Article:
Two new fishing vessels, the Uyak and the Nordic Fox, were built by Fred Wahl Marine Construction in 2022, and were among projects ongoing at the Reedsport, Ore. shipyard over the past year and into 2023.  

Work on the Uyak began last Memorial Day weekend, when the shipyard laid the keel for the 68’ x 29’6” Dungeness crabber, shrimper and salmon tender designed by Fred Wahl Marine. Named after the bay off Kodiak Island, the Uyak is powered by a 684-hp Mitsubishi with a Twin Disc gear.  Crew quarters are comprised of a 4-man and a 2-man stateroom, plus the captain’s quarters in the wheelhouse.

The vessel, which underwent sea trials in December, is set to leave in January and will be operating out of Alaska and Oregon.  It should pack 270,000 pounds of salmon when tendering and between 125,000 to 130,000 pounds of crab. 

This past May, the shipyard also launched the 58’ x 29’ 6” Nordic Fox, another Fred Wahl Marine design. “It’s the widest 58-footer we’ve done,” says owner Fred Wahl. Once launched, the Nordic Fox steamed to Kodiak for Dungeness crabbing but is homeported in Seattle, Wash., where she will be salmon fishing. 

The 58’ x 29’ 6” Nordic Fox is the widest 56 footer designed and built by Fred Wahl Marine Construction. Fred Wahl Marine Construction photo.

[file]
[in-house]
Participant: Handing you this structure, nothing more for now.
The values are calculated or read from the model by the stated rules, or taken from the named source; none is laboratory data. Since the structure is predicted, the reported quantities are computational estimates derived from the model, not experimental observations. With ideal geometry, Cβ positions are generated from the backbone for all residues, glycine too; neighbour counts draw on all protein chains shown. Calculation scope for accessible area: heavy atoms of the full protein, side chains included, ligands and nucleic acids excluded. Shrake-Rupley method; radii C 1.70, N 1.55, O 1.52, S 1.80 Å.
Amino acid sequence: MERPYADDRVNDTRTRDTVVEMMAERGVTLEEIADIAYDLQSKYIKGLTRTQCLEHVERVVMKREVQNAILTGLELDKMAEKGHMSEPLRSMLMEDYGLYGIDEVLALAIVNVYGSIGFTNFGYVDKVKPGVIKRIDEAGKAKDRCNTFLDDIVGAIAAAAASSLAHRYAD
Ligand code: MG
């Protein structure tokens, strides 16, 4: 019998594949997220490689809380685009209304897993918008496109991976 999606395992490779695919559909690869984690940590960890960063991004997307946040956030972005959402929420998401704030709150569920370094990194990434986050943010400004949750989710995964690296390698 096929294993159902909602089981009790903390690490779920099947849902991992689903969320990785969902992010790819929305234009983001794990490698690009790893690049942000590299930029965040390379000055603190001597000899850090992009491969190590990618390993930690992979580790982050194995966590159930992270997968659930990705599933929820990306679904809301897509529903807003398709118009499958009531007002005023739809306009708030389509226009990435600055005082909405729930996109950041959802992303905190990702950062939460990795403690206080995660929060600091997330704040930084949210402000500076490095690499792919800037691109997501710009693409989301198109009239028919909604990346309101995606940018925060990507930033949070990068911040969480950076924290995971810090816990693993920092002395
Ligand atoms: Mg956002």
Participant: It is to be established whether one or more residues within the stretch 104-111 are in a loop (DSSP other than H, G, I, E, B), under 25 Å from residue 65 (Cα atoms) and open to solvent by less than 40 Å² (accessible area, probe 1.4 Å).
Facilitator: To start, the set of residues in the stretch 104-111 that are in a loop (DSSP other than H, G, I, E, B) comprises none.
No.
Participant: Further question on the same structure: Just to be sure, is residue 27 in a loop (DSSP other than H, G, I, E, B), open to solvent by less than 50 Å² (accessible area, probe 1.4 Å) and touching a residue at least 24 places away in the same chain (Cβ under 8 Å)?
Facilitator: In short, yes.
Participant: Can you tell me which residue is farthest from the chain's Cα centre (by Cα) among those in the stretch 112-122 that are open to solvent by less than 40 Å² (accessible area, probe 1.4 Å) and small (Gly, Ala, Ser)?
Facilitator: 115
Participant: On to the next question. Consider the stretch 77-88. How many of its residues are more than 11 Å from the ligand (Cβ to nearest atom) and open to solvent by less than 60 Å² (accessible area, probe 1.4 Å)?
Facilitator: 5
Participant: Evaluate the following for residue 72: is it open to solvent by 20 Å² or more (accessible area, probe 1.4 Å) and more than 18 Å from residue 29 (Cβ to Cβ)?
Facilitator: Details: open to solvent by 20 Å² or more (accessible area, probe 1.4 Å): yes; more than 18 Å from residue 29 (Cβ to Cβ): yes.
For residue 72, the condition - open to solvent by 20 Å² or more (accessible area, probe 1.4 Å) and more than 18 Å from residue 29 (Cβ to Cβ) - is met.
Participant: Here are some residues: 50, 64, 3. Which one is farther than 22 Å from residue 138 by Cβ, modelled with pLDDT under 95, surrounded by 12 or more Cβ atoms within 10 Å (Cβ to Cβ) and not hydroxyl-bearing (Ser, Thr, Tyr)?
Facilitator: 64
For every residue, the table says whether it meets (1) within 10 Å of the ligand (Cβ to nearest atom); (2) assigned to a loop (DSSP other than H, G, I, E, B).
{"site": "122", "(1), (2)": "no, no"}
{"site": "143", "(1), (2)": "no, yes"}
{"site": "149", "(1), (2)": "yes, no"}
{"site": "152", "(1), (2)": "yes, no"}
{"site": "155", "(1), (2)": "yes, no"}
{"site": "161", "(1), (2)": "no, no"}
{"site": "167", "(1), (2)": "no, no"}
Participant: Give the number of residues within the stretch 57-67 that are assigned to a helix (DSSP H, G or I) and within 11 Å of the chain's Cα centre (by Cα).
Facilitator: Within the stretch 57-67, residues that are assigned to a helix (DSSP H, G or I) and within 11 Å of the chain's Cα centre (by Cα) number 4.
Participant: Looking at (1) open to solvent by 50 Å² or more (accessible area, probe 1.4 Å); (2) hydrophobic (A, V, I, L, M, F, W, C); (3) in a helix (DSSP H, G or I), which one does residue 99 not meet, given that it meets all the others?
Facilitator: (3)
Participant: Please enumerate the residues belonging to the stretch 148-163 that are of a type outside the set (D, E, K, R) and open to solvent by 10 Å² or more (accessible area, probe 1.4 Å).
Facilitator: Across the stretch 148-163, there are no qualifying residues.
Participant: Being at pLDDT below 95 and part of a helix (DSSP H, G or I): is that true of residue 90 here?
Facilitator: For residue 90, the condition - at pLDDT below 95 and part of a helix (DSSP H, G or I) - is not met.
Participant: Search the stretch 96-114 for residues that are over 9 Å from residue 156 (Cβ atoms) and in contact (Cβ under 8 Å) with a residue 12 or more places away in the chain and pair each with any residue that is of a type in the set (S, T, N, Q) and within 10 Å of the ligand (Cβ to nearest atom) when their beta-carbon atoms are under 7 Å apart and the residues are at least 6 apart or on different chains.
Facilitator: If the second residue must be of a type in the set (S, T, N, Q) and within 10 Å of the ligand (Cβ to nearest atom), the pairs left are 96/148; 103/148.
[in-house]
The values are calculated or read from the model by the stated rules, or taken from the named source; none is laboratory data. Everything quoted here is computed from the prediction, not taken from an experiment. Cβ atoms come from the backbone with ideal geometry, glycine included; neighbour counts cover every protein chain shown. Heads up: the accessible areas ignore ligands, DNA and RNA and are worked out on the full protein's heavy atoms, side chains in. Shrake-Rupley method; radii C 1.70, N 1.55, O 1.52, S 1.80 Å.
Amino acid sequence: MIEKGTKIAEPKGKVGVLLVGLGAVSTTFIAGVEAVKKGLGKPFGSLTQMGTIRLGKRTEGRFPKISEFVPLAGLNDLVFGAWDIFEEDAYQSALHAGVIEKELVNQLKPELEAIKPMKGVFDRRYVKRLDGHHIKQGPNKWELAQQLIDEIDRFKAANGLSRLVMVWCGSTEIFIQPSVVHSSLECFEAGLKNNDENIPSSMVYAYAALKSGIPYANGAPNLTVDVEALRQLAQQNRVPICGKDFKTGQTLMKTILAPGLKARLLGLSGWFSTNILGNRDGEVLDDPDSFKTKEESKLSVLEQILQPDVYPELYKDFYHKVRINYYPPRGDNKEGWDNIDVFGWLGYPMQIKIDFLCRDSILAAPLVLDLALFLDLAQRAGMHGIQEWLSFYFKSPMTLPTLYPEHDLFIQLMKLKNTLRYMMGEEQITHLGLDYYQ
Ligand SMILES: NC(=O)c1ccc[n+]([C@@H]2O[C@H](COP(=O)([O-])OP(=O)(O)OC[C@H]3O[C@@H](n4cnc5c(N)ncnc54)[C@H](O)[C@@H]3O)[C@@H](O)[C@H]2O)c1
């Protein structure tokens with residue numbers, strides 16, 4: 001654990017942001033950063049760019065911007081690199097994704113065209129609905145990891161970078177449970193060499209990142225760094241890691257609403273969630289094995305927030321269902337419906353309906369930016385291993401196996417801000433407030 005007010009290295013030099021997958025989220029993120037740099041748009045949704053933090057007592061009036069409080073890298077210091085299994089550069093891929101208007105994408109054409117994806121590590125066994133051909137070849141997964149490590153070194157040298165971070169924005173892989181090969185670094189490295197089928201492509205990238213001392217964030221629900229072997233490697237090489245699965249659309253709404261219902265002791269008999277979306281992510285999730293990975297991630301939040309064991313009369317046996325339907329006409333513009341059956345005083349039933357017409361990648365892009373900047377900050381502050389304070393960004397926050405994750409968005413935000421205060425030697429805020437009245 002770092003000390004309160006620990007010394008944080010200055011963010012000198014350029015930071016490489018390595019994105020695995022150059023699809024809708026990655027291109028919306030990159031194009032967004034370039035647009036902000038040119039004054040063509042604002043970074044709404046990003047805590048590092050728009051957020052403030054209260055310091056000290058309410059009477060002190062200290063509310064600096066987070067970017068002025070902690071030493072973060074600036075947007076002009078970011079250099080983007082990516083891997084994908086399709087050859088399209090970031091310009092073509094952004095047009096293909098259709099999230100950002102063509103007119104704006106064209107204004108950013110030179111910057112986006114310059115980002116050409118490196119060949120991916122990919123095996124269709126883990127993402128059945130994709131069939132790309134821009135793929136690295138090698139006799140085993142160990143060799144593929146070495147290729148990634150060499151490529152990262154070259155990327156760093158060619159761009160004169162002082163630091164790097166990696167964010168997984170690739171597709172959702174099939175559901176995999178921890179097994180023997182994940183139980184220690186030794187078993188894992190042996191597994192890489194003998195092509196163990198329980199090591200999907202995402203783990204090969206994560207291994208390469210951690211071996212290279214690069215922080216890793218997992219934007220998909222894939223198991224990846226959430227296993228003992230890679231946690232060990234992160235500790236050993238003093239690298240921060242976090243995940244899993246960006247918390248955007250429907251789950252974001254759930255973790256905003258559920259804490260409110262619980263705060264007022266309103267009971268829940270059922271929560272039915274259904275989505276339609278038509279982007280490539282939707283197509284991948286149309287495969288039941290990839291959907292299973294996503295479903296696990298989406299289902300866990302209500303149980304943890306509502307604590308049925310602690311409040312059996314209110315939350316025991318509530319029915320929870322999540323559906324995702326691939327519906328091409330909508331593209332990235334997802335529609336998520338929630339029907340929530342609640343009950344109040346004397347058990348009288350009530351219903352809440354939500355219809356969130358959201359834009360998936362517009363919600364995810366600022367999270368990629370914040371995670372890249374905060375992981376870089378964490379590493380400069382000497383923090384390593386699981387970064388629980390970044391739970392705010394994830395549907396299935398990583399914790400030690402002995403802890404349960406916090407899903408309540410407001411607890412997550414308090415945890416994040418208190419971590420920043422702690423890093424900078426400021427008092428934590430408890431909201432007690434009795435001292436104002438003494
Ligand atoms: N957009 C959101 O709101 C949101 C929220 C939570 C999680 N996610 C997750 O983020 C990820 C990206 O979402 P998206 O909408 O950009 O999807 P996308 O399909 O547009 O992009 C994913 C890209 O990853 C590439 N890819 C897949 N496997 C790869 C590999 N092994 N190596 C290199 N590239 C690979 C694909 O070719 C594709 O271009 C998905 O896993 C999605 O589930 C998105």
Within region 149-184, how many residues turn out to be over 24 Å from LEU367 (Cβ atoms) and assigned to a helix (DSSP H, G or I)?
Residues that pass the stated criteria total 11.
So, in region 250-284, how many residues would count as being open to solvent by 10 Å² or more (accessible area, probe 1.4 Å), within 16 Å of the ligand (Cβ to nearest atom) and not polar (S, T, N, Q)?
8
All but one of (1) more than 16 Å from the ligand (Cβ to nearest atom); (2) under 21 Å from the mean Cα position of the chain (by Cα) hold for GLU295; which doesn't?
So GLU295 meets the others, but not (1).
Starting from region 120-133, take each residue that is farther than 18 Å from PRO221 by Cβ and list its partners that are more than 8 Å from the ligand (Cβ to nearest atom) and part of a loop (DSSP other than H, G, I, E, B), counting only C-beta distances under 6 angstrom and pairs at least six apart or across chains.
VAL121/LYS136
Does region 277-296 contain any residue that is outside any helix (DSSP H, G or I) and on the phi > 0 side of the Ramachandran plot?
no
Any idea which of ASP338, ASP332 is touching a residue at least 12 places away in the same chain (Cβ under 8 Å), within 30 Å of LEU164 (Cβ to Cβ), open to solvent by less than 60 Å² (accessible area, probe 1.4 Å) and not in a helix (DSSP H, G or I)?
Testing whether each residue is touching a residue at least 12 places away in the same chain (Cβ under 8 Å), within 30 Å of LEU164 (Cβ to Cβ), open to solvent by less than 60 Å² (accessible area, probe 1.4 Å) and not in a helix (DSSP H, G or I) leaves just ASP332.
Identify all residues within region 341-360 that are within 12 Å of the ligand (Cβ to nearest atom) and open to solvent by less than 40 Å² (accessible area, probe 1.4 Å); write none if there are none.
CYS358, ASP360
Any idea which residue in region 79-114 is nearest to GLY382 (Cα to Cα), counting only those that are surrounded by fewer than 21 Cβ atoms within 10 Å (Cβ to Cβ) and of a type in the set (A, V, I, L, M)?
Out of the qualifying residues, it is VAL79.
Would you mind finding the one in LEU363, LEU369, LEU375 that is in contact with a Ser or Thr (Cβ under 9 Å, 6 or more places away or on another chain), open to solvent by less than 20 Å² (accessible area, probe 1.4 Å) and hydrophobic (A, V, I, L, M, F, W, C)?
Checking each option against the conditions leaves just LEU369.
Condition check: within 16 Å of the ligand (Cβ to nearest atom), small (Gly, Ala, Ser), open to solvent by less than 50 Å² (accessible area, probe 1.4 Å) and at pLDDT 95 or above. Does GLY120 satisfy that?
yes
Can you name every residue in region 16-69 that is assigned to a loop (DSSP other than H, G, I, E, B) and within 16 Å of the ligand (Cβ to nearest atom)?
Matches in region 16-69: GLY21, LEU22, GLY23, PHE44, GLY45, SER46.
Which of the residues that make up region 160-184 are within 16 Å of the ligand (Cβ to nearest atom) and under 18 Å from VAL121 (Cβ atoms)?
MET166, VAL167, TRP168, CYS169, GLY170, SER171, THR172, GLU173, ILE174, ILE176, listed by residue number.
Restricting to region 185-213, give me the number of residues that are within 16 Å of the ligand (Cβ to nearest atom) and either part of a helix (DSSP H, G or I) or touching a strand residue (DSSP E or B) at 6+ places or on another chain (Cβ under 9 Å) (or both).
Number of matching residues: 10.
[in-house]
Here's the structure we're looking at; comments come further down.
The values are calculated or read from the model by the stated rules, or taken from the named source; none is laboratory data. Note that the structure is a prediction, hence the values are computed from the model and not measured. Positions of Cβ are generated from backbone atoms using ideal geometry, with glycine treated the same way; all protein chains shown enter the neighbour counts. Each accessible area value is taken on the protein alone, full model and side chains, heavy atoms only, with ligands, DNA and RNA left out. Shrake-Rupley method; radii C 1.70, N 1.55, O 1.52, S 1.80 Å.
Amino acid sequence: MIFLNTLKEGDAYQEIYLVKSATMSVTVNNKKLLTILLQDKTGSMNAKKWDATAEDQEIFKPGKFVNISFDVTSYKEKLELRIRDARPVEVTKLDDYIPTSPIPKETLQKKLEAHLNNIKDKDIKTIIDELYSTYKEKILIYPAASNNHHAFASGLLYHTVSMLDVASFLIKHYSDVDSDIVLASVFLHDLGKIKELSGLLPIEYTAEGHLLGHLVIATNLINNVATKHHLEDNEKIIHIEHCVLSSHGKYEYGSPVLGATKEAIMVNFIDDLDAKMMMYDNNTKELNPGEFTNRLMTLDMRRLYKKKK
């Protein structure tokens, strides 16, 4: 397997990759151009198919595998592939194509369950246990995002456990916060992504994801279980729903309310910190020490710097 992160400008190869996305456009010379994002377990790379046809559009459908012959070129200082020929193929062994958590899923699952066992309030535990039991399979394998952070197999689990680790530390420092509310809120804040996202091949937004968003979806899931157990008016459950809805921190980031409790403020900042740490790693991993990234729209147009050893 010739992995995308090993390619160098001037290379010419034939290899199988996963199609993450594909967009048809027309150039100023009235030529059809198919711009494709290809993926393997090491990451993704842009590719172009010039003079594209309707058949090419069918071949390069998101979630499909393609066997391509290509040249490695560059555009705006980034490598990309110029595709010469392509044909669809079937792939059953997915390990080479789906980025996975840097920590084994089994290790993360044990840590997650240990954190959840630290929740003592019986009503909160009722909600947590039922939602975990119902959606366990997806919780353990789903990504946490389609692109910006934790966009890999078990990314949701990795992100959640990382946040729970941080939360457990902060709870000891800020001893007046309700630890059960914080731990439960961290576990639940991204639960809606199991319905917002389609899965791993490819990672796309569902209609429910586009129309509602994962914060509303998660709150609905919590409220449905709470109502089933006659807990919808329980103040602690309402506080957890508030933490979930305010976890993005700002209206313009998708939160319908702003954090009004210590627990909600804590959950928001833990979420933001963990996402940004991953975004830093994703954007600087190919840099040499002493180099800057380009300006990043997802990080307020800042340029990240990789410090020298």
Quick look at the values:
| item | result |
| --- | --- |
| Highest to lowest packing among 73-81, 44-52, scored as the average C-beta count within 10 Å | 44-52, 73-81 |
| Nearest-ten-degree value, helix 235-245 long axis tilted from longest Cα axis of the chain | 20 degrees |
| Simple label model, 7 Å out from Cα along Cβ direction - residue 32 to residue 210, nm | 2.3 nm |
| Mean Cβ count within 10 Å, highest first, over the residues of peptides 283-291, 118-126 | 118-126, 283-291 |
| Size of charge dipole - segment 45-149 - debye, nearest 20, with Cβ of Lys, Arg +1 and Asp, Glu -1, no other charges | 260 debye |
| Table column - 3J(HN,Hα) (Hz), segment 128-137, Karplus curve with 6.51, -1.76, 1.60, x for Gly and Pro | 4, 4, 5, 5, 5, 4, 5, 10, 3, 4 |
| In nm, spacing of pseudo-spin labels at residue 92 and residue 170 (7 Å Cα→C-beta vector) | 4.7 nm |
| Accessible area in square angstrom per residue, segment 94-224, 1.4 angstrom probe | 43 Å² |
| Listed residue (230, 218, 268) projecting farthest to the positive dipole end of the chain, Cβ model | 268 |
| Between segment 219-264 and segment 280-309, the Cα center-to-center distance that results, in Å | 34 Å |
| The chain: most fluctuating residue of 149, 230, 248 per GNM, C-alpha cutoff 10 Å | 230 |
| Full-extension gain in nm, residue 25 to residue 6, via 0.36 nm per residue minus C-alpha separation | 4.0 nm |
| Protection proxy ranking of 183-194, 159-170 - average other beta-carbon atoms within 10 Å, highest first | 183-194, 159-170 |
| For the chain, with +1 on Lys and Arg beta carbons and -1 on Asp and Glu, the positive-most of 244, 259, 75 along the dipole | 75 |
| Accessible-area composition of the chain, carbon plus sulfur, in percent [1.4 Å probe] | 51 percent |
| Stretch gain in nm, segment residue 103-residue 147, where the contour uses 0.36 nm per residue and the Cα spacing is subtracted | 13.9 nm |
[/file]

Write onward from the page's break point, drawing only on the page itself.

The vessel is also powered by a 684-hp Mitsubishi, and packs about 110,000 pounds of crab and 250,000 pounds of salmon, Wahl says.

In 2023 the shipyard will be working on the Progress, a mid-water trawler which Wahl Marine had previously widened and lengthened to 130’ x 41’ after the vessel encountered a rogue Bering Sea wave in 2018.   Among other things, the ship will be repowered from a 1,280-hp Cat 3512 to a 2,000-hp diesel, whose make and model hadn’t been determined at the end of 2022. “It’s just time to repower,” says Wahl. The Progress is also getting a new gear, prop and nozzle, though Wahl says the rudder and shafting “is good enough” to stay.

Though the Reedsport boatyard hasn’t had its usual influx of Alaska crabbers in for repairs, alterations and maintenance because the crab season was shut down, the boatyard has kept busy with repowers and shafting work on vessels in other fisheries and upgrading key pieces of boatyard equipment.

That included bringing in a new 820-ton Ascom boat hoist. It’s an upgrade from the 685-ton lift  “that we maxed out all the time, so tried to get one a little bigger,” says Wahl. The Ascom’s first pick was Silver Bay Seafoods 154’ x 36’ tender Provider on Nov. 12, 2021.

This January there should also be a new 350-ton Ascom lift that had been on order for over a year. “It’s for the main yard so we aren’t wearing out the big travel lift.”

The yard’s existing 75-ton Travel Lift is pretty much reserved for “picking boats out of the river. The really small guys,” says Wahl.

The 154-foot Provider was the first lift for the boatyard’s new 820-ton Ascom boat hoist. Fred Wahl Marine Construction photo.

 

Michael Crowley is the former Boats & Gear editor for National Fisherman.

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